Helen Hardin [1943–1984] | "Arrival of the Cloud People" Acrylic on Board | 19.5 x 15 inches | Courtesy of Santa Fe Art Auction

From the Editor: Process and Perspective

In each issue of Western Art and Architecture, we explore the creative process and the resulting work that encourages viewers to consider the West in a new light. 

The journey that takes an artist from idea, to execution, to examination by an audience may be filled with serendipity, as was the case for Teresa Elliott’s acclaimed longhorns (“Transcending the West,” p. 132). The first longhorn she ever painted was for her own enjoyment, applying the fundamentals of portraiture to capture an expression of beauty found, unexpectedly perhaps, in livestock. Today, being open to new ideas is still critical to her creativity, and her work continues to expand in exciting directions.

The journey that brings artist Tom Judd to the canvas is a continued exploration of both Western history and the present day. As Rosemary Carstens writes in “An American Original” (p. 138), Judd examines the West through “explorers’ tales of adventure, settlers’ stories passed down through generations, and Hollywood’s imagined heroics. His art is not meant to be nostalgic. Rather, he interrogates the past, braiding together disparate elements of culture, history, and pop art to project fresh and thought-provoking ideas.” 

The process of artist and gallery owner Diana Madaras results in bringing joy to others. She has long viewed art as a method to help, sharing her declaration of “color and joy” in both her artwork and philanthropy (“Painting Arizona,” p. 150).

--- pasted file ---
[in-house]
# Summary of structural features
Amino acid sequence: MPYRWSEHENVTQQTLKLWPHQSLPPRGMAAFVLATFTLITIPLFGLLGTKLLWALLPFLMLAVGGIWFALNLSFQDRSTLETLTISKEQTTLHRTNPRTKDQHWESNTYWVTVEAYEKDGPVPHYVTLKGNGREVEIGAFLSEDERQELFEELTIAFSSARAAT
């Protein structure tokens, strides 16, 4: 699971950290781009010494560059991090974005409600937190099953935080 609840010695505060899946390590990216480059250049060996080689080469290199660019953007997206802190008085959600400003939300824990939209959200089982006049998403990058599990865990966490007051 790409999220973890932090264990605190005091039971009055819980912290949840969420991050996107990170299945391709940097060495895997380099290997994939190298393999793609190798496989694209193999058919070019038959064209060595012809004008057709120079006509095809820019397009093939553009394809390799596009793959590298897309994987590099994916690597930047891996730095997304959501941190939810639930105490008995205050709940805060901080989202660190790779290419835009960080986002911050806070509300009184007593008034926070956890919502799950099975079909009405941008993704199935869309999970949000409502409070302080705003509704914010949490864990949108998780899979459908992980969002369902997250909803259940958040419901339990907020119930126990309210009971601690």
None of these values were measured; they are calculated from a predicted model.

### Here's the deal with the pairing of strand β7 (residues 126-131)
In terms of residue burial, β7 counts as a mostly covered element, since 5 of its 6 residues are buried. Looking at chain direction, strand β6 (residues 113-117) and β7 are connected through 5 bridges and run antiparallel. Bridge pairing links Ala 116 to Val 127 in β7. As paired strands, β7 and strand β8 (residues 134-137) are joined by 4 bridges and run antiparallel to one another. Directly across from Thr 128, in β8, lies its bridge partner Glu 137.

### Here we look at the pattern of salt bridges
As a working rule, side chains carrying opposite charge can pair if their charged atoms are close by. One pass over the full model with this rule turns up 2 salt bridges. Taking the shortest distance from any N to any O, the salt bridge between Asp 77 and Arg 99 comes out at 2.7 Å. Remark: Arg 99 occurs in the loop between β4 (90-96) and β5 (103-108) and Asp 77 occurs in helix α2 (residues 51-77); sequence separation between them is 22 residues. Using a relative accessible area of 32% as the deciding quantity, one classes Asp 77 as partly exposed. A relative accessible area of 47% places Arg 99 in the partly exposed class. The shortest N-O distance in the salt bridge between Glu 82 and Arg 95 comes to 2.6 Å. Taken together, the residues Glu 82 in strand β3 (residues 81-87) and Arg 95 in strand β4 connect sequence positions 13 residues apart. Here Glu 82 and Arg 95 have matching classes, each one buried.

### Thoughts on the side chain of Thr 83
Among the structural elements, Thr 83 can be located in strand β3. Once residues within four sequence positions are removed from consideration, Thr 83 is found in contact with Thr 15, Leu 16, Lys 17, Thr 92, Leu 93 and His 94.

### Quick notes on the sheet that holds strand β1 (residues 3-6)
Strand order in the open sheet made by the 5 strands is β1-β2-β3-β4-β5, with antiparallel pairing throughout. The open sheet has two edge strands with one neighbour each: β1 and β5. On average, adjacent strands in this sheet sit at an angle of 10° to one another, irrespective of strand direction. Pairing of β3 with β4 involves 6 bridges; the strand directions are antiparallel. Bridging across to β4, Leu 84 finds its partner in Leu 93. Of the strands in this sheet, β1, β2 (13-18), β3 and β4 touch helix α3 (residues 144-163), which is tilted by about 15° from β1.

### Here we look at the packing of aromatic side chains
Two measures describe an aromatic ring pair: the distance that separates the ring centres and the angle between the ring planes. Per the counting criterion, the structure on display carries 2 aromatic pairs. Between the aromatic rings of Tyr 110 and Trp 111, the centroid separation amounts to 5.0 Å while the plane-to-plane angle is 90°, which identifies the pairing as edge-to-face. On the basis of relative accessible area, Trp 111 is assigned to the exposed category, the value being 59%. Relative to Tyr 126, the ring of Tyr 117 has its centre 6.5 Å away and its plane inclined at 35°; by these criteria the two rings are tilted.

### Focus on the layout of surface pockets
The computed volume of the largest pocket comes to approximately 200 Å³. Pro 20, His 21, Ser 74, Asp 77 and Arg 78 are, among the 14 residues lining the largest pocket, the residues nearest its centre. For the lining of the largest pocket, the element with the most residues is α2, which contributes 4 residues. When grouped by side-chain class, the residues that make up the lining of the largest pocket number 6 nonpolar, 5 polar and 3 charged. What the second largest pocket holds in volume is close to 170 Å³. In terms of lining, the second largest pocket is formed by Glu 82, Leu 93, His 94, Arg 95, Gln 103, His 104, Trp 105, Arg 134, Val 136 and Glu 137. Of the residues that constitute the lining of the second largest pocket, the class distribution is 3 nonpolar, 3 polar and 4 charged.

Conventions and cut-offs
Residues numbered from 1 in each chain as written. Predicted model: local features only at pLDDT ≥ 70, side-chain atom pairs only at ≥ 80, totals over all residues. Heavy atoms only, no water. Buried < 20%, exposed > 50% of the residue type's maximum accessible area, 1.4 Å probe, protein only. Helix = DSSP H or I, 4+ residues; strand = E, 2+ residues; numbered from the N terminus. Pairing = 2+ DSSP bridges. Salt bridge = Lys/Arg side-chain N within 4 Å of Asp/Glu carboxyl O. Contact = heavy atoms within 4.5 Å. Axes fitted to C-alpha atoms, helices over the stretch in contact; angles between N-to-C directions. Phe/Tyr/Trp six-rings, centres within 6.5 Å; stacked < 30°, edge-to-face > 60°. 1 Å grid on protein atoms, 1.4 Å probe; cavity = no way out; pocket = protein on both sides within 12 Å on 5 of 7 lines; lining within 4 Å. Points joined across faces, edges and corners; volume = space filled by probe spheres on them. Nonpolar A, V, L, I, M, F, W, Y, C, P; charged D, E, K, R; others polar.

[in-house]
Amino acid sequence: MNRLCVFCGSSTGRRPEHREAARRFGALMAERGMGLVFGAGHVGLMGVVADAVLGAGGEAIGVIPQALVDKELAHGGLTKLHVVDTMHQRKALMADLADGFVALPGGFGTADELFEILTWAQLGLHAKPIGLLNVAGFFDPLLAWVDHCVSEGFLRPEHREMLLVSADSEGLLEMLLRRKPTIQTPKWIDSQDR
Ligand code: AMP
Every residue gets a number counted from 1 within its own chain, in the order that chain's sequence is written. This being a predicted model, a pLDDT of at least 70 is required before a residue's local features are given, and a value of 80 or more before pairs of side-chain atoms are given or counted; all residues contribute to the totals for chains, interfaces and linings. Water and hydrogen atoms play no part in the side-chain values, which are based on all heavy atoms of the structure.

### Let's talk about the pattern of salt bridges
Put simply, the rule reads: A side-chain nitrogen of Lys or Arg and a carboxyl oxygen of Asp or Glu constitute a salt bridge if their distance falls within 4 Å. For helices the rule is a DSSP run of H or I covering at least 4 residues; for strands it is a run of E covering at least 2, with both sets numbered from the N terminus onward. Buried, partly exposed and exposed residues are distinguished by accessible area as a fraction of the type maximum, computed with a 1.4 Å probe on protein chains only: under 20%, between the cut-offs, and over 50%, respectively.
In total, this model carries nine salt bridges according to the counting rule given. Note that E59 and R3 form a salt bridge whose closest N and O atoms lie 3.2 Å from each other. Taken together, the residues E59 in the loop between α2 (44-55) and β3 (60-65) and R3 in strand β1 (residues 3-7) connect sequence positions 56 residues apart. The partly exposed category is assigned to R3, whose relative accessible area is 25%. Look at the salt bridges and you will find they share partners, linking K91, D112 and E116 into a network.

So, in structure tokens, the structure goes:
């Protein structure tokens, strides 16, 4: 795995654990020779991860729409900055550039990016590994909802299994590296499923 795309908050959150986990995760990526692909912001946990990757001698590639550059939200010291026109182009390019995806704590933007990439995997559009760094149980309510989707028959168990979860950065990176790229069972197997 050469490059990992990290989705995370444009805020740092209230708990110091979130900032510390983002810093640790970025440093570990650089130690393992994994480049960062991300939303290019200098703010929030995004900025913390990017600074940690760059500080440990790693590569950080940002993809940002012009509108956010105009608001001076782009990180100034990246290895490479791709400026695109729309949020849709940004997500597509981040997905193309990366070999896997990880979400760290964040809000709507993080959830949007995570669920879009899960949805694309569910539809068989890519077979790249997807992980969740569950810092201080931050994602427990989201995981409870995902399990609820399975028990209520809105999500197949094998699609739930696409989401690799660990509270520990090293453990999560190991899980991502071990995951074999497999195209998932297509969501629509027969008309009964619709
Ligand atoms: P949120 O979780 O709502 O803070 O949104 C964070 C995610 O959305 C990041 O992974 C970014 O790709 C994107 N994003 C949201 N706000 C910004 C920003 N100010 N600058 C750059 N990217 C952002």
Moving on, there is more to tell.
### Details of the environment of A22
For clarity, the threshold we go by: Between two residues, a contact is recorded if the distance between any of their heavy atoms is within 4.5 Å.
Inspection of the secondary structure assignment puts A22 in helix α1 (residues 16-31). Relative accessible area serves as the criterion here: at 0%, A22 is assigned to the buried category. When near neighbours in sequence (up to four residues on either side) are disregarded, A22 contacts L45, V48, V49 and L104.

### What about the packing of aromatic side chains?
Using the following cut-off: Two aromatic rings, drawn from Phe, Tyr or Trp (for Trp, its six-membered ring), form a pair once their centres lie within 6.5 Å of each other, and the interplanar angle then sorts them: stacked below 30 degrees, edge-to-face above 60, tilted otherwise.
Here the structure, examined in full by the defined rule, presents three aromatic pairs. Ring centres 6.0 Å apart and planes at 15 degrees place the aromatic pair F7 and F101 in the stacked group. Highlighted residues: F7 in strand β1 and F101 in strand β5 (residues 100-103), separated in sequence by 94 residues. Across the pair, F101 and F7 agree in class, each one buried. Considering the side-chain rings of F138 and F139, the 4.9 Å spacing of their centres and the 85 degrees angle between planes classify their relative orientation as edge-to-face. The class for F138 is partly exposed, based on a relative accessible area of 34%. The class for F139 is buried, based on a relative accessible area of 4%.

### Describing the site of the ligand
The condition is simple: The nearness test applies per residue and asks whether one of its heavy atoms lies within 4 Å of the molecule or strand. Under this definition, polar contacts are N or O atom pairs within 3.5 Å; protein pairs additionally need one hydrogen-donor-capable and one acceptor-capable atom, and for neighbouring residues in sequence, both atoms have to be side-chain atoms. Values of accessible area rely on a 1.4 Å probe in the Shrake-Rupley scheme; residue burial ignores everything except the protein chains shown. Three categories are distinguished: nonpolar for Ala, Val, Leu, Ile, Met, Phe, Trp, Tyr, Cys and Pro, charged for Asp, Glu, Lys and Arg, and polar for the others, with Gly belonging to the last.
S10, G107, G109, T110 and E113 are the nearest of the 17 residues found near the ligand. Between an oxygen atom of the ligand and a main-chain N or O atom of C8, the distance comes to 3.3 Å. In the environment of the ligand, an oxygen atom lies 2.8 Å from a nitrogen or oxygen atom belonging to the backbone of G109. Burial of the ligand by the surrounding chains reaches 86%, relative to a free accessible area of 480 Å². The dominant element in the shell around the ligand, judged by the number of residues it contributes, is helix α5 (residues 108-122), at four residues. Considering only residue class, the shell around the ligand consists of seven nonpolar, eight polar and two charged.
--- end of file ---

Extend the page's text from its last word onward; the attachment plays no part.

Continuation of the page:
Theater brought painter Aaron Morgan Brown to the world of fine art. Today, he creates works that carry symbolism and depict narratives, each one a short static performance (“Backstage with Aaron Morgan Brown,” p. 144).

The process for many architects working in the West is to create buildings that enhance or call attention to our surroundings. Art and architecture together create an ideal summary of the mountain town of Beaver Creek in Colorado (“A Celebration of Place,” p. 114). And Locati Architects designs a residence in Bozeman, Montana, that represents a family’s love for the landscape (“Capturing an Essence,” p. 120). Meanwhile, Studio Rick Joy is uncommonly able to pull intense emotion from minimalistic design. Contributor Laurel Delp puts it perfectly in “Rendering,” p. 100: “The interplay of light and shadow throughout the clean lines of projects creates a stirring, mysterious, and meditative experience.” 

This is the wonderful ability of fine art and the trick of subliminal architecture: to make us feel, and think, and consider the world differently. We are excited to share the visions of each innovative individual profiled inside. Our hope is that this issue inspires your own creativity and a new way of looking at the West.

Christine Rogel, Editor in Chief

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